A tweet warned me something special was wrapped around the Sunday papers. It was an advertisement with Jamie Oliver for Woolworths. Well okay, I was going for a walk anyway…
Every Australian deserves to eat better every day.
We do deserve to eat better Jamie, and that’s why we avoid supermarkets with their ultra-processed faux food and in-store marketing. We’ve said NO to craptastic and said hello to fresh instead!
Did you know that eating a plant-rich diet can help prevent chronic diseases like heart disease, cancer, diabetes and obesity? Yes? Of course you do! But did you also know that one quarter of Australians are disappointed with the fruit and vegetables they buy from supermarkets? In the Shopper Pulse survey conducted by colmar brunton, 28% of the respondents believed their supermarkets had poor quality vegetables and 24% said they had poor quality fruit. It’s hard to swallow healthy food if it’s minging.
Go on, Cathy!
Every Australian can eat better for less.
But Jamie, it’s false economy if we buy ‘fresh’ food from Woolworths!? Are we saving money if the food is rotten and needs to be thrown away, or if it simply tastes like cardboard? Or if we fall for the marketing and spend up on snacks and packaged crap that we don’t actually need? The same goes for Coles too, of course.
But thanks anyway for sharing your recipe! A roast leg of lamb is a special dish for a large gathering. For a smaller dinner, people could consider shanks—as you know it’s a more delicious cut that also costs less—with a big serve of actually fresh vegetables.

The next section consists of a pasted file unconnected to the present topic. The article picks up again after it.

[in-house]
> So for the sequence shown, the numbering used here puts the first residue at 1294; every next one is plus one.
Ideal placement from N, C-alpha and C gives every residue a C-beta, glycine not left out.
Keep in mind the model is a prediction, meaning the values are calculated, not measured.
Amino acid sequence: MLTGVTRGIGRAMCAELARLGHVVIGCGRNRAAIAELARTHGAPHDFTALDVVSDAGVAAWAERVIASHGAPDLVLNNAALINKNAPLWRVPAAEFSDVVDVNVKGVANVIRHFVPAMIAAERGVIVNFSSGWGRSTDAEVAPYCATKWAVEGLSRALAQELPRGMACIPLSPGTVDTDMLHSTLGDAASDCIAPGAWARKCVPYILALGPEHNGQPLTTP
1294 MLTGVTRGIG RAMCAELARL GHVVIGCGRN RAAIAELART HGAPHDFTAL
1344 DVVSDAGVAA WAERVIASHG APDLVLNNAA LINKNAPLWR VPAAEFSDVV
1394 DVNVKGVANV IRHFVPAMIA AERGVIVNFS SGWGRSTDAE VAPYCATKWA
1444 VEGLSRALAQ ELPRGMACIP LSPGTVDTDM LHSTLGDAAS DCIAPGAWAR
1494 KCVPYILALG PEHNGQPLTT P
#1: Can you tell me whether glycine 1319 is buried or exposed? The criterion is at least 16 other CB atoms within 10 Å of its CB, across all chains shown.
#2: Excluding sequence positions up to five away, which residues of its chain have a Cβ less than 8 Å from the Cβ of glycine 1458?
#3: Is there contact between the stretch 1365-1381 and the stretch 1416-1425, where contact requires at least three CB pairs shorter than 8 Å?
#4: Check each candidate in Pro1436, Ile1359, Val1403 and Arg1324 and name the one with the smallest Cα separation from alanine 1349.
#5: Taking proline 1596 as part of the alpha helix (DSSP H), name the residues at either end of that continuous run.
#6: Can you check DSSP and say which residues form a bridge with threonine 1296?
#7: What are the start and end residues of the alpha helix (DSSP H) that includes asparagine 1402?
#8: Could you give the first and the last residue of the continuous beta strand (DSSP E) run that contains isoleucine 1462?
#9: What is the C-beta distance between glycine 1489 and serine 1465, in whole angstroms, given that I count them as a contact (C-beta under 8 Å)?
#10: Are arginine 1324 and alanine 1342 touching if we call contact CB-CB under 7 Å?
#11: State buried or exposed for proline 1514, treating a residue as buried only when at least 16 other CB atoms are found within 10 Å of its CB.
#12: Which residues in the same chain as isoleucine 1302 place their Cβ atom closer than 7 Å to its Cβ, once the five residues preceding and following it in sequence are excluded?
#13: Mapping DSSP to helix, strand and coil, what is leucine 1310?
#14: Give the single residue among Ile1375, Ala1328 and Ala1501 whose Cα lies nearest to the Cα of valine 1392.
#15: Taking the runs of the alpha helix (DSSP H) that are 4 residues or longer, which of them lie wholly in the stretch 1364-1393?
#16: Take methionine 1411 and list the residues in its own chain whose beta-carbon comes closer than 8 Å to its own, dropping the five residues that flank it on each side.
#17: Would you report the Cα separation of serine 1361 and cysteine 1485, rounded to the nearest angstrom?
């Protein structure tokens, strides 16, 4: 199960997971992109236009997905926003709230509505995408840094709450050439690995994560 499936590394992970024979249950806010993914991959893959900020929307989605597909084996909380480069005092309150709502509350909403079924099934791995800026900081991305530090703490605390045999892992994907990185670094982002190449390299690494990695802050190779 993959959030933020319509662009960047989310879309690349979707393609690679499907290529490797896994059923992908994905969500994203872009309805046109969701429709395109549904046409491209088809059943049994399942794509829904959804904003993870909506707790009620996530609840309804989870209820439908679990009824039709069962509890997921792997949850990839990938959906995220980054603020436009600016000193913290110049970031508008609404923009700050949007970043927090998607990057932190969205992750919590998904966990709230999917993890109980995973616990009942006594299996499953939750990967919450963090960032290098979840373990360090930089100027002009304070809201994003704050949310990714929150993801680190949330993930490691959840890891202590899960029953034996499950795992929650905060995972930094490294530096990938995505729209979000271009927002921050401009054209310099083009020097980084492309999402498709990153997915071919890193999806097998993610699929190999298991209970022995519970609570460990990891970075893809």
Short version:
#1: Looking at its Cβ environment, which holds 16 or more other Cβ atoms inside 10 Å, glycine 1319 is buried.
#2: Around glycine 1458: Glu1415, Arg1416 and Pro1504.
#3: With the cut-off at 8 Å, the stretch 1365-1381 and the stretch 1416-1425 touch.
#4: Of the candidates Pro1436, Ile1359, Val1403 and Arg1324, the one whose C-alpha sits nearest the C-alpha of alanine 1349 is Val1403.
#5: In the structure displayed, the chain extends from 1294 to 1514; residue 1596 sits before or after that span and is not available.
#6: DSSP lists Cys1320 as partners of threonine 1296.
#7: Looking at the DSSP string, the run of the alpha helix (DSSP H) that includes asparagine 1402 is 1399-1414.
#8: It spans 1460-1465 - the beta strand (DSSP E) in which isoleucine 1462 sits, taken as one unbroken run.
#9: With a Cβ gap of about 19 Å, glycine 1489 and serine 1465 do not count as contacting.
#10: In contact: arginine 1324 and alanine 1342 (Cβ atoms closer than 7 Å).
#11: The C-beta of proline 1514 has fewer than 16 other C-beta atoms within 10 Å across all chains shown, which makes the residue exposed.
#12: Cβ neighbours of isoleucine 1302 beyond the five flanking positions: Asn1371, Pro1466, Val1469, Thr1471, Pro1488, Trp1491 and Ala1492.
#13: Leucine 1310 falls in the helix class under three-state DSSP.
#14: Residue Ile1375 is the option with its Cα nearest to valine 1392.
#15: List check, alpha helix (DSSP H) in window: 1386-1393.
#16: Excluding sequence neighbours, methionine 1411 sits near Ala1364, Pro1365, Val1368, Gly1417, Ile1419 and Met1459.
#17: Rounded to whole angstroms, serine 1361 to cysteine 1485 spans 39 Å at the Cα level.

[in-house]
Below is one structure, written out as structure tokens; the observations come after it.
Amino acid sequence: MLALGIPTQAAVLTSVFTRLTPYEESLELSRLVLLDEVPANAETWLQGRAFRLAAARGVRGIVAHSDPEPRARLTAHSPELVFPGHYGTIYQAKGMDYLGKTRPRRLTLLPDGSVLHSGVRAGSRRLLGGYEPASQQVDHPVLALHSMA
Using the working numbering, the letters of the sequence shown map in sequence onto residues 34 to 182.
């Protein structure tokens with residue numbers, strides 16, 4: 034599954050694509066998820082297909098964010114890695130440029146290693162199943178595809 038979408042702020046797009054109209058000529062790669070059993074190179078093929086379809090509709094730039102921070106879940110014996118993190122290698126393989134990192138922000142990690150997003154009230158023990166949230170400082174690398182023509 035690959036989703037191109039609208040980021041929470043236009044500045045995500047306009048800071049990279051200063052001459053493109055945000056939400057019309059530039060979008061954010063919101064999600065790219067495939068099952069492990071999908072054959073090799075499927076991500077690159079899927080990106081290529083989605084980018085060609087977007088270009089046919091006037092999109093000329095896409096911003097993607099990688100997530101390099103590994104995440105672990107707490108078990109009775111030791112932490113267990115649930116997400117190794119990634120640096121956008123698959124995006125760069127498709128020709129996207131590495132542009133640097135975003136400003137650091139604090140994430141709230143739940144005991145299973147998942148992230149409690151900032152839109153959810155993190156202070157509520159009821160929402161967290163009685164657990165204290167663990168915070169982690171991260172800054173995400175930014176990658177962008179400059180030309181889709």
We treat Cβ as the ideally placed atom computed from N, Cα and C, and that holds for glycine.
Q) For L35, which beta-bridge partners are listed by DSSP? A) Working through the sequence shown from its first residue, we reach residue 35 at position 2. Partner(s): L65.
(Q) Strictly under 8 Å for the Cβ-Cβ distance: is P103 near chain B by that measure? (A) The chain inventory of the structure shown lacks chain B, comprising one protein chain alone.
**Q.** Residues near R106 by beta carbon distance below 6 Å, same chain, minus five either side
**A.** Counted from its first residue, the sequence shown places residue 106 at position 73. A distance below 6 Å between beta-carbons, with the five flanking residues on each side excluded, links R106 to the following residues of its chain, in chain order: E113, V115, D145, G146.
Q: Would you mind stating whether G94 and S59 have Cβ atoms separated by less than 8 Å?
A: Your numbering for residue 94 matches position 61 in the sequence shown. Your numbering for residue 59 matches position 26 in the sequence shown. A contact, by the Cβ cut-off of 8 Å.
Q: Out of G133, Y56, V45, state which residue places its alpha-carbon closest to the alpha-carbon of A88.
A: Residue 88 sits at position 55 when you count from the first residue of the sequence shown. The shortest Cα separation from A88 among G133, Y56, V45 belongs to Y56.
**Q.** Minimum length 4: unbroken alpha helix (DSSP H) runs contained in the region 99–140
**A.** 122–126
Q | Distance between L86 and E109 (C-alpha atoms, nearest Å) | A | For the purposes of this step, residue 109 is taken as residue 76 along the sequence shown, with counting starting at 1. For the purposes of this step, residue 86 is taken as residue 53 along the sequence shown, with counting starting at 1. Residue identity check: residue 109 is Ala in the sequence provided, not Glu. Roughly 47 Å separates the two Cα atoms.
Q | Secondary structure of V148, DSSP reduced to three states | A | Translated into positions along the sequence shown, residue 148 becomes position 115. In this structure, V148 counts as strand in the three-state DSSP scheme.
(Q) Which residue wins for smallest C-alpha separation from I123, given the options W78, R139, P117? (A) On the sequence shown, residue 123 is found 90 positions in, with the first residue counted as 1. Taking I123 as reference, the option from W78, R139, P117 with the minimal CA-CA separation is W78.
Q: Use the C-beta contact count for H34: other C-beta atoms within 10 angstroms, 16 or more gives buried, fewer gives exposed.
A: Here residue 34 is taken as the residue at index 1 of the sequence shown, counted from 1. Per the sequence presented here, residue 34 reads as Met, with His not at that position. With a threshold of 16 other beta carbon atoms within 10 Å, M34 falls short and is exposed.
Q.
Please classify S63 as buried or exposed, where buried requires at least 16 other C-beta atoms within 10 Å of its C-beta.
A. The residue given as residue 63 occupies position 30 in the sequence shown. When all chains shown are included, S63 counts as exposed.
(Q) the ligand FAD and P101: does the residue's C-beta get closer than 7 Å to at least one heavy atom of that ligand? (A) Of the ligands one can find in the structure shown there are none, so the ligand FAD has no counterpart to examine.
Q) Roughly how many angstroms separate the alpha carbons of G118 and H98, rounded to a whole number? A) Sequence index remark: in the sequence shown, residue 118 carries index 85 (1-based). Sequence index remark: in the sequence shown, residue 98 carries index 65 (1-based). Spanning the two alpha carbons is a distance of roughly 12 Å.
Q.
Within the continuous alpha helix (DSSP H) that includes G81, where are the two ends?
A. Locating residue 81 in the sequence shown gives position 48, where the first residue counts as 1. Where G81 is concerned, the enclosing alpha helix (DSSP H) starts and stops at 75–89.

Here are some lamb sourcing suggestions; try your local farmers’ markets, reputable butchers or online. Buying direct means farmers are paid a fair price, because that’s what they deserve. In return, we’re rewarded with flavour. May I introduce Savannah Lamb (SA), Plains Paddock (VIC), Milly Hill, Moorlands Lamb, Mirrool Creek Lamb (NSW) or Silverwood Organics (QLD)? There are more and people can find them if they look beyond the supermarket doors.
Quality meat but eating smaller servings or less often, if at all. Secondary cuts that taste better. Buying fruit and vegetables in season, that are fresh so they keep much longer. Pulses! Buying a whole bird or fish, instead of expensive fiddly bits. Avoiding ultra-processed food, the environments and advertisements that promote them. Growing, hunting, foraging, fishing or dumpster diving. Swapping, sharing, bartering or gifting. Cooking for ourselves, instead of outsourcing. Embracing leftovers, eating nose to tail and root to tip. And protecting our local shops and markets because greater competition results in better prices.
Some of which I learned from you, Jamie.
That’s how every Australian can eat better for less.